For all the outrageous and funny Facebook outage memes that flourished briefly on Monday, Quraishi pointed out, there are real consequences for some. “There are whole communities where people seek refuge, get comfort and find support for all manner of deeply personal concerns that take place in various Facebook groups — and that tragic things can happen when those groups disappear in an instant, and without warning.”
For religious leaders who connect with their flocks on the internet, the outage was a reminder to own their information. Rabbi Sandra Lawson, who uses music to offer her thousands of followers on Instagram and TikTok wisdom from the Torah, had some practical advice: “It’s important for content creators to back up their content on something they own, like a website, a blog and of course, one’s computer or a cloud,” she said. “Content creators should also have an email list to keep in touch with their followers.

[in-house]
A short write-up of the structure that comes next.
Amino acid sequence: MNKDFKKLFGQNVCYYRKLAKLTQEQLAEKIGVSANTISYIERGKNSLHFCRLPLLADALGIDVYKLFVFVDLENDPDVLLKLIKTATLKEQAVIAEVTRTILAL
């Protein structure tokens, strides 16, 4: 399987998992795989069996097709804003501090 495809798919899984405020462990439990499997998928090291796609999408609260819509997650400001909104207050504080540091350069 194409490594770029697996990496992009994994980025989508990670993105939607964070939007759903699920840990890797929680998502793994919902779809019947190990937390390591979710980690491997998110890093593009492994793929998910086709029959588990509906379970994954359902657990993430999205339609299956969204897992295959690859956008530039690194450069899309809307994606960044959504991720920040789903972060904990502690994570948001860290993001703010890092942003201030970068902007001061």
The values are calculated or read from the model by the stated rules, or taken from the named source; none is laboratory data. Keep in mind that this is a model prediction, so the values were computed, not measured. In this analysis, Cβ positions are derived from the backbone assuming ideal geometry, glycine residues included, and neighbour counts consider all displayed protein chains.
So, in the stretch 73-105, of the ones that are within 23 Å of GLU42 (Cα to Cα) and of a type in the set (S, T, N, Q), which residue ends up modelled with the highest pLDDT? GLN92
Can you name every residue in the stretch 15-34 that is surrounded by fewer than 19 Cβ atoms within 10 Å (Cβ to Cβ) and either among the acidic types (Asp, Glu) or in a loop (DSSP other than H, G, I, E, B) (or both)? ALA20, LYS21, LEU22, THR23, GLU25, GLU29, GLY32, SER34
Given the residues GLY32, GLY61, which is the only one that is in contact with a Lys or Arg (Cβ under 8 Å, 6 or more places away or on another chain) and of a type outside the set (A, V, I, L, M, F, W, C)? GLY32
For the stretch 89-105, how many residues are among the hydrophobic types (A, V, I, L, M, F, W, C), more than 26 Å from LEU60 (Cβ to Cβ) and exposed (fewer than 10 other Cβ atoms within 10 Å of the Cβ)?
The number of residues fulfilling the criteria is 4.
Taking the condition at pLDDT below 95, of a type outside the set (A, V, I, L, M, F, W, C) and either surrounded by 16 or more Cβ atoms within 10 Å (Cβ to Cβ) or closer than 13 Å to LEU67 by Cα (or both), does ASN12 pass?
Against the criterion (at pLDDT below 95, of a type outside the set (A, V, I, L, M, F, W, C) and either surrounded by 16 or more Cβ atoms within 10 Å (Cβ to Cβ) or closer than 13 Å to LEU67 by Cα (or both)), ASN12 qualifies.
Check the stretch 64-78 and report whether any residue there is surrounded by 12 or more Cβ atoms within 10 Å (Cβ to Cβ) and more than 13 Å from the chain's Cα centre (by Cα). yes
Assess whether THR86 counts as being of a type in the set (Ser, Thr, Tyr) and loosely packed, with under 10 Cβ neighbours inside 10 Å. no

“The outage yesterday showed that relying on Facebook for messaging, entertainment and creating content can be shaky.”
There is much to criticize and reform in our tech companies. The internet is still young and Facebook in particular often operates like the selfish and headstrong teenager it is. I pray that those who build the technology that connects us will focus on bringing people together to find lasting connections, as they claim to do, and not only for profit. A big part of that means serving religious community, interfaith understanding, personal well-being and collective peace.
This article originally appeared here.